When the author was down in New Zealand trying to figure out why his little Seagull wasn’t working he asked a fellow cruiser how the internal combustion engine worked. His reply was Suck, Squeeze, Bang and Blow, then he went on to explain what he meant by that phrase.The internal four-cycle combustion engine requires that the piston travel up and down the cylinder four times in order to deliver one power stroke. One of the downstrokes sucks in a mixture of fuel and air (intake). On the following up stroke the piston squeezes this mixture (compression). When the piston is at the top of the cylinder the ignition delivers the bang that is provided by the spark plug and drives the piston down (power). On the next up and final fourth stroke the piston blows the used mixture of fuel and air out of the cylinder through an exhaust port (exhaust). A two-stroke motor combines two of these functions into one stroke by making use of both the combustion side and the crankcase side of the piston. As the piston is moving up, it sucks in on the crankcase side a mixture of fuel and air from the carburettor. The lubrication of the crankcase is provided by the oil that was previously mixed into the fuel and not by an oil sump. Most two-stroke engines have a reed valve, a one way valve, which stops some of the oil and exhaust from escaping from the crankcase side of the piston but allows the new mixture of fuel and air in. British Seagulls do not have this reed valve so they tend to produce a bluer exhaust. As the piston is still moving up, the combustion side of the piston squeezes the previous air and fuel intake. After the bang that was caused by the spark plug on the combustion side, the piston will move down delivering the power stroke. As the piston continues to move down, it will first open the exhaust port to blow the exhaust out. A little further down the piston will open the intake port allowing a new mixture of fuel and air into the combustion side of the piston. The unique design of the domed or slanted two-stroke piston allows this incoming mixture to be first deflected upwards and then downwards towards the exhaust port to help ‘sweep’ the cylinder clean of spent exhaust. In conclusion the two-stroke engine combines the Intake/Compression into the up stroke and the Power/Exhaust into the down stroke. The piston itself controls the flow of the air/fuel mix and the exhaust by the way of the intake and exhaust ports thus eliminating valves and cams. To this day when trying to explain or trouble shoot an engine these are four things I look for as each one deals with a certain part of the engine.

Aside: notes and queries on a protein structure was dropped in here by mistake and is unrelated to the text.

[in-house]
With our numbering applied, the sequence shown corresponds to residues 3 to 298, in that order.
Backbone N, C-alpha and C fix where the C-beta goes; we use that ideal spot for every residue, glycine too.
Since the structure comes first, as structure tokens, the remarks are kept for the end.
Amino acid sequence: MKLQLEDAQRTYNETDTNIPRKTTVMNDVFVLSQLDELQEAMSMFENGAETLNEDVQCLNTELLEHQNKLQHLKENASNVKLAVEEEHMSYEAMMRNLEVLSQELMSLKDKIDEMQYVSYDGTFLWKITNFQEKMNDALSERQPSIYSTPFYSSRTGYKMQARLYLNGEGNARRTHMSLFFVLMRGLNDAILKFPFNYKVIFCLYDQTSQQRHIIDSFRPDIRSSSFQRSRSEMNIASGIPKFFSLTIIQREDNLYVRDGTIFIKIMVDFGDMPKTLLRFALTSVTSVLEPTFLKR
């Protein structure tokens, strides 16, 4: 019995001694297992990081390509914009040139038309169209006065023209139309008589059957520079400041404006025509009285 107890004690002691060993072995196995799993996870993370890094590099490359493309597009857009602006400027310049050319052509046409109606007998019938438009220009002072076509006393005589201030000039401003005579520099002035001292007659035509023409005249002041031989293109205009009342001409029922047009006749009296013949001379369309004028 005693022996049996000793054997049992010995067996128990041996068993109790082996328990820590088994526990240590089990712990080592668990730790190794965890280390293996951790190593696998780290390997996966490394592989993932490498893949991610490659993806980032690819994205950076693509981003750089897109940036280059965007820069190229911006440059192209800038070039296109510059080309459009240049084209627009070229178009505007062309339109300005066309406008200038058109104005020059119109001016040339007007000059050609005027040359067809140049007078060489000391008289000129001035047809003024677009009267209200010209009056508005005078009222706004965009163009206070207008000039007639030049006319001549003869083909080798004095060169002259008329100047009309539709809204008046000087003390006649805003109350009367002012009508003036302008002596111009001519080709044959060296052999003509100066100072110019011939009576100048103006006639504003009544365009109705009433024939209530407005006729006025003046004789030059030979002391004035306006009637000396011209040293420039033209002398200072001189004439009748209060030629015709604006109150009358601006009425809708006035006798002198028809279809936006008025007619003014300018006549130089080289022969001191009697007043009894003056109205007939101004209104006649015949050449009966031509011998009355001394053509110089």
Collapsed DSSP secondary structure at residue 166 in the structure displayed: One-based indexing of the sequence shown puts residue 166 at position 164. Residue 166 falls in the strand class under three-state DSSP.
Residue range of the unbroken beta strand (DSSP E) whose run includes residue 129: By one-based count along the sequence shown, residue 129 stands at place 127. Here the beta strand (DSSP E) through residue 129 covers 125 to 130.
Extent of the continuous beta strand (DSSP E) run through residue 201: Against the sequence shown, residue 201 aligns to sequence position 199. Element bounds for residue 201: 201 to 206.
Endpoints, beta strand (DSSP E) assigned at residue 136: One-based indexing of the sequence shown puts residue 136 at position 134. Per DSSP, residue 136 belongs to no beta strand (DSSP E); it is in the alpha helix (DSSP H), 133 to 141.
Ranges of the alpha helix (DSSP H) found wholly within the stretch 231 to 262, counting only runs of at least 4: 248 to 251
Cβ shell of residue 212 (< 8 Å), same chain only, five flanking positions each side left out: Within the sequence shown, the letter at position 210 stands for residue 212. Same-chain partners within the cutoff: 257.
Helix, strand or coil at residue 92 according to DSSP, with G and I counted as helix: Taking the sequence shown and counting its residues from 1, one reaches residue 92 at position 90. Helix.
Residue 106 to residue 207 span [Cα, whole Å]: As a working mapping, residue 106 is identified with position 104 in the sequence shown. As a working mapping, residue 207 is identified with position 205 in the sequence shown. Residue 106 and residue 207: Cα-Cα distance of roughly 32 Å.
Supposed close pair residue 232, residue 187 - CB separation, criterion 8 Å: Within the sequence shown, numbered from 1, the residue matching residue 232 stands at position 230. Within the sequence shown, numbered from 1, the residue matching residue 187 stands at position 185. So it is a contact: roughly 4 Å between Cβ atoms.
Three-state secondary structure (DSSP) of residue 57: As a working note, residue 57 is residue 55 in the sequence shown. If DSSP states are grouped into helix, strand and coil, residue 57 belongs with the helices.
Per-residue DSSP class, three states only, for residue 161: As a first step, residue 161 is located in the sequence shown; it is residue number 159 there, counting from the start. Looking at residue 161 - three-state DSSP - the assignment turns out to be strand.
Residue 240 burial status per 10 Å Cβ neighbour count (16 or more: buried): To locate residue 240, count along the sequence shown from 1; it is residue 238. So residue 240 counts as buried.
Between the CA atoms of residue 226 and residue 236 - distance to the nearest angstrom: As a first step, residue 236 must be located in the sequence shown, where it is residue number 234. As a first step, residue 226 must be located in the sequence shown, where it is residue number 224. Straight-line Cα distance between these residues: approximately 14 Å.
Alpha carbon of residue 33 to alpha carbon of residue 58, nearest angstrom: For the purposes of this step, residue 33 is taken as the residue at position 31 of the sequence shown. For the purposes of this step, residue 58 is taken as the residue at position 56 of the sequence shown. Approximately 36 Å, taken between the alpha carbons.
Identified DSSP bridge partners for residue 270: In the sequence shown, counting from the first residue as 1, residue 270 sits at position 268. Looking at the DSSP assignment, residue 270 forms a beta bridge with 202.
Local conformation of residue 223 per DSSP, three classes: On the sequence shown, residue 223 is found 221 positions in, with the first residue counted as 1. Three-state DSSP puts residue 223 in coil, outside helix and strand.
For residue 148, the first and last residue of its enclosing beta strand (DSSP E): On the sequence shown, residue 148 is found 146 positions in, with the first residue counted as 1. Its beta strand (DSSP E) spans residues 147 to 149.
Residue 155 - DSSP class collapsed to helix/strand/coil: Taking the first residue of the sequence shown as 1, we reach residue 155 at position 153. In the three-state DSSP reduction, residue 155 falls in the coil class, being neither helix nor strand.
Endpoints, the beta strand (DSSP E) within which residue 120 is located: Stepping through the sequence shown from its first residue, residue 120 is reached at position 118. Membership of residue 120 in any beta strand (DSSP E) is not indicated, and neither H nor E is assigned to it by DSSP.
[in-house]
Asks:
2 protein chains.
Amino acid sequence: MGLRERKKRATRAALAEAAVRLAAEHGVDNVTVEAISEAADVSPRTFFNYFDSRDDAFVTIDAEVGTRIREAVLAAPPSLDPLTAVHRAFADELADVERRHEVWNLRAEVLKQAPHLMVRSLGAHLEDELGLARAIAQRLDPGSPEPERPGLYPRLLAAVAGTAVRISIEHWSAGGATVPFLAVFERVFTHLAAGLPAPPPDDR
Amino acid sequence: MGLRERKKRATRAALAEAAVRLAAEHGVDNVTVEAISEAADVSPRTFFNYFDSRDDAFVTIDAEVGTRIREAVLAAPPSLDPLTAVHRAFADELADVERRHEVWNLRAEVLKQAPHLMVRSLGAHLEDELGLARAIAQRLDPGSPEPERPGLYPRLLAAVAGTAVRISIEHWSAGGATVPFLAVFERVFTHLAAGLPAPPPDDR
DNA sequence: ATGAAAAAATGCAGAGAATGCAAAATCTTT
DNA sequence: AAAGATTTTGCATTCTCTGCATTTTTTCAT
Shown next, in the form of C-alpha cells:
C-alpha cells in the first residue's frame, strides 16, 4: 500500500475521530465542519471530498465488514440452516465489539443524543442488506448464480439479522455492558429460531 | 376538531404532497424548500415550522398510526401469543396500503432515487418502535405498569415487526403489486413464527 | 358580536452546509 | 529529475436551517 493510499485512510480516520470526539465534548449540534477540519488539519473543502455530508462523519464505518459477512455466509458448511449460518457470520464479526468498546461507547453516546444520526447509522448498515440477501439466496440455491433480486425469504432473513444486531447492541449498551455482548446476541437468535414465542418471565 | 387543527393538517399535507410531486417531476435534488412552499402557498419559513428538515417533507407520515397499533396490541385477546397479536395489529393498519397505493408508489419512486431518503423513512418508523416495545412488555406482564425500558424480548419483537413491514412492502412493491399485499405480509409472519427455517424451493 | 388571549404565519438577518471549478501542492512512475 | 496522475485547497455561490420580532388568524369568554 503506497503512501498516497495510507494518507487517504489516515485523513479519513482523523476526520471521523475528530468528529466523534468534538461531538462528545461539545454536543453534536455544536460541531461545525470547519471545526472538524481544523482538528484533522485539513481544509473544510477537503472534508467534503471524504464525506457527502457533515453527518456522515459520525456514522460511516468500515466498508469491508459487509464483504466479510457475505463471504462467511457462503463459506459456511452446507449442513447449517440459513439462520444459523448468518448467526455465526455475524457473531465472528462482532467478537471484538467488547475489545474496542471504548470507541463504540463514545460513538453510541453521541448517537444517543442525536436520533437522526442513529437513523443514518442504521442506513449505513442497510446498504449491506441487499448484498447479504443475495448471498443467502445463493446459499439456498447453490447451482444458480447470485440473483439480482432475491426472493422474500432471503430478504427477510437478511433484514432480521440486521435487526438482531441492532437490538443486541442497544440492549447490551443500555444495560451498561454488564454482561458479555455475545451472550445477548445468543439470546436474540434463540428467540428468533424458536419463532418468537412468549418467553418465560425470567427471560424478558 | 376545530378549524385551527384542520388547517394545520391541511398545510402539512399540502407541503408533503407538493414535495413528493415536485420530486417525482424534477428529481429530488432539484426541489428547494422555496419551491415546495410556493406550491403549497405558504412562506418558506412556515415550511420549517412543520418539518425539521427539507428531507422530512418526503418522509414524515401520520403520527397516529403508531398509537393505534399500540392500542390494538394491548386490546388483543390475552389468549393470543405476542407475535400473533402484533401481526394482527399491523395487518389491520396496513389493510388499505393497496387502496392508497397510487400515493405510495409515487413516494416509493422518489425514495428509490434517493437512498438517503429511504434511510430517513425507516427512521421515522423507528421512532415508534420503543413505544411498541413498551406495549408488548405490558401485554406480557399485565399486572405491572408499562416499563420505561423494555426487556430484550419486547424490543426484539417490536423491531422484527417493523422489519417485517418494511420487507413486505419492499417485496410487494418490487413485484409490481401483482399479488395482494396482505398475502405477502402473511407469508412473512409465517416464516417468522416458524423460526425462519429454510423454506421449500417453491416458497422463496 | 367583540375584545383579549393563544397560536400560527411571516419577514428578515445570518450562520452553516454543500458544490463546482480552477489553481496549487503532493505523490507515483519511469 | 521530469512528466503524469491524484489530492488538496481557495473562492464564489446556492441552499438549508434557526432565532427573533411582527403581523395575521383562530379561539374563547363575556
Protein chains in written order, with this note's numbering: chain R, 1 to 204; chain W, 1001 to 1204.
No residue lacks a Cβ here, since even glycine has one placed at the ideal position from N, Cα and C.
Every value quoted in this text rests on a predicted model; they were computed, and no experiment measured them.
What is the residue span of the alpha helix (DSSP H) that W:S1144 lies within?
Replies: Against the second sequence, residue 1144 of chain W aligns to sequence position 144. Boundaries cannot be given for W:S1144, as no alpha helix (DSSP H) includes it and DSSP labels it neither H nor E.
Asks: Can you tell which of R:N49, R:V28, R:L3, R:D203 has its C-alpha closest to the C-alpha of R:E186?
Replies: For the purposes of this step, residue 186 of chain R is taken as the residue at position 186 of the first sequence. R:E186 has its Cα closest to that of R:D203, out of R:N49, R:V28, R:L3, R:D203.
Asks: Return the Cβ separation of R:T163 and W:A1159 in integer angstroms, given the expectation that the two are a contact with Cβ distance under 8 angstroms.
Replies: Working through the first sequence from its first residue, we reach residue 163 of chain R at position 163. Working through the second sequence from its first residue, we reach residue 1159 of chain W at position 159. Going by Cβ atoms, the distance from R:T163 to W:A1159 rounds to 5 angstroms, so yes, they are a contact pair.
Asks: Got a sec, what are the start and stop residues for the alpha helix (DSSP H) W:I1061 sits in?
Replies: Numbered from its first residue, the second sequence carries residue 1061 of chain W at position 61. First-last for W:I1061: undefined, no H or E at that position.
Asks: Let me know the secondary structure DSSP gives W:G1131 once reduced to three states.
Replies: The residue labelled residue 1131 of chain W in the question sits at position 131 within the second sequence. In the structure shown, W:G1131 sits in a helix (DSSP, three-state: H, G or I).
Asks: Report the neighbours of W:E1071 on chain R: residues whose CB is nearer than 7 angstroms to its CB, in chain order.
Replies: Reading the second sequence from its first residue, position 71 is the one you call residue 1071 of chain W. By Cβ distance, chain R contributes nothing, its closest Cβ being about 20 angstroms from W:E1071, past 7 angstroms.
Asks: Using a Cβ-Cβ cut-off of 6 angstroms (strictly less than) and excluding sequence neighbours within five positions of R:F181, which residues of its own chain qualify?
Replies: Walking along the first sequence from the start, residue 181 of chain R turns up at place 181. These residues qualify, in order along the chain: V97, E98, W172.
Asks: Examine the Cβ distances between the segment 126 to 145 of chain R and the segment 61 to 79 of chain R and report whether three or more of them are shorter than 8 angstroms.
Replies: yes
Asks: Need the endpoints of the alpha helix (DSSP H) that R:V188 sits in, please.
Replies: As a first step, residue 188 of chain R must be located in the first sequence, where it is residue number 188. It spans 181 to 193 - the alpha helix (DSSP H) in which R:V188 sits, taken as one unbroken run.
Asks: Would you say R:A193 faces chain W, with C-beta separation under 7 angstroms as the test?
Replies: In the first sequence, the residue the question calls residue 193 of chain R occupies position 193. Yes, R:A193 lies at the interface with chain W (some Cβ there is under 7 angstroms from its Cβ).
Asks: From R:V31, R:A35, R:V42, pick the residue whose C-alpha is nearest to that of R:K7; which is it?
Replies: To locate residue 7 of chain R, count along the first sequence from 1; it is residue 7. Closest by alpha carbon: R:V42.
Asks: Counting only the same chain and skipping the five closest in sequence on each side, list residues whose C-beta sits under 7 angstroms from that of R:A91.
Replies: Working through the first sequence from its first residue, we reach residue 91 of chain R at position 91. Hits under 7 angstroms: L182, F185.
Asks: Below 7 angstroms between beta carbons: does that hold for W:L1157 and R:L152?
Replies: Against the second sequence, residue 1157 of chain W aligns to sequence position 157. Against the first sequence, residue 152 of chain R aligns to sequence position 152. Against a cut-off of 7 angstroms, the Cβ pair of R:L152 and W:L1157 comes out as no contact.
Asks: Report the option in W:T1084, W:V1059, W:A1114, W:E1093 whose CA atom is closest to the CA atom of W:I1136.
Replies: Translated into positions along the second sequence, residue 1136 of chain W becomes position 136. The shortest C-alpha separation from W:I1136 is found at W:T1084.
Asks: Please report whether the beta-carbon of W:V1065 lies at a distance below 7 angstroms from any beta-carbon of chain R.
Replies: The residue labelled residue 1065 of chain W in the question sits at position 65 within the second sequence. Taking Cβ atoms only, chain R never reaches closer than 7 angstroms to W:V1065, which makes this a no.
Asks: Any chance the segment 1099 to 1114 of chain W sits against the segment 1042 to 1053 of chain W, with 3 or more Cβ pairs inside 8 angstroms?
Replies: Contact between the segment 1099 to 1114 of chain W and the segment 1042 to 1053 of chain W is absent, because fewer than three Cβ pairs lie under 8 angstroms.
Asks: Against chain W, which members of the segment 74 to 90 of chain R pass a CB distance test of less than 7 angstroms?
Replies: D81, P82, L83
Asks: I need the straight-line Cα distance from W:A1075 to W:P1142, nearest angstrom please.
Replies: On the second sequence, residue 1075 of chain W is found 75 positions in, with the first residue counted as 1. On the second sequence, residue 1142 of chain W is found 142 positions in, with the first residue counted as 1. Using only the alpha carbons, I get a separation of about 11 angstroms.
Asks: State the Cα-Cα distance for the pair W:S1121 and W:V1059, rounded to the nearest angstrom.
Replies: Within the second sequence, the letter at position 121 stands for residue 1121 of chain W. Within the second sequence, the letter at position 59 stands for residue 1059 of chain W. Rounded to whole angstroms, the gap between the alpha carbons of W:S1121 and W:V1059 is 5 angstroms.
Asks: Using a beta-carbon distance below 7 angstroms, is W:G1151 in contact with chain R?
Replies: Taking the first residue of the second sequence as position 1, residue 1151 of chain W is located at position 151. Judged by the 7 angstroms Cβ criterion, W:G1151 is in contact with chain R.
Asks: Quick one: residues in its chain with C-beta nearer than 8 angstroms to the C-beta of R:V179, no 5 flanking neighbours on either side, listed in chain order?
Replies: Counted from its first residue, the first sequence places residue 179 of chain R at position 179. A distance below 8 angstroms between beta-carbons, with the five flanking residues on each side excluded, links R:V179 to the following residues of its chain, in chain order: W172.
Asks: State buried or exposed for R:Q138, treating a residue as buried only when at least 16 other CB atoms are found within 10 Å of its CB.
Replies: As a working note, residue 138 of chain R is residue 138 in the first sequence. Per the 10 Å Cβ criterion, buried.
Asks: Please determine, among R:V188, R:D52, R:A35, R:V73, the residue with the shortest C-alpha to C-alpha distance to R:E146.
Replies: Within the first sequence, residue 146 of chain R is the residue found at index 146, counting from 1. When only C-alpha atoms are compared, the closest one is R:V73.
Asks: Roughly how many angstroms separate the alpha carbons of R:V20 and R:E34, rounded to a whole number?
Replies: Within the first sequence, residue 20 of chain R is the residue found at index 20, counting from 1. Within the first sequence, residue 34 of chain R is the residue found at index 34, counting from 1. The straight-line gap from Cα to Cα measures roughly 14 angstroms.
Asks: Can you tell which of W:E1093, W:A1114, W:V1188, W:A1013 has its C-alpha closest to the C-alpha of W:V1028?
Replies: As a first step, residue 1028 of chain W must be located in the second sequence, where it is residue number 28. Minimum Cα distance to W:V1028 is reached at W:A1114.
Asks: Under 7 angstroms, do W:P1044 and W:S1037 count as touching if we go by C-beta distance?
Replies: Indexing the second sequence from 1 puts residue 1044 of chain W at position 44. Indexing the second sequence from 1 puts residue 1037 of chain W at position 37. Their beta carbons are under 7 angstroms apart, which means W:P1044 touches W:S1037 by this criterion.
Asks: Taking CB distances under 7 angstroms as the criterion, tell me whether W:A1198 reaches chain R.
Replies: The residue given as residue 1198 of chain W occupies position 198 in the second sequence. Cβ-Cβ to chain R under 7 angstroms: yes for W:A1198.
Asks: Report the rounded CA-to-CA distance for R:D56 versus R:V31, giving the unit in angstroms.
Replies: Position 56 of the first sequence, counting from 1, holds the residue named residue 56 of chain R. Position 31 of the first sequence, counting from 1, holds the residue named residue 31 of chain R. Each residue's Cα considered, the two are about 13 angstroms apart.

Function System Area Possible Remedy
Suck Intake Carburettor Check fuel and air supply
Squeeze Compression Piston and rings Compression can be measured
Bang Ignition Points, spark plug Timing, points gap
Blow Exhaust Height of engine


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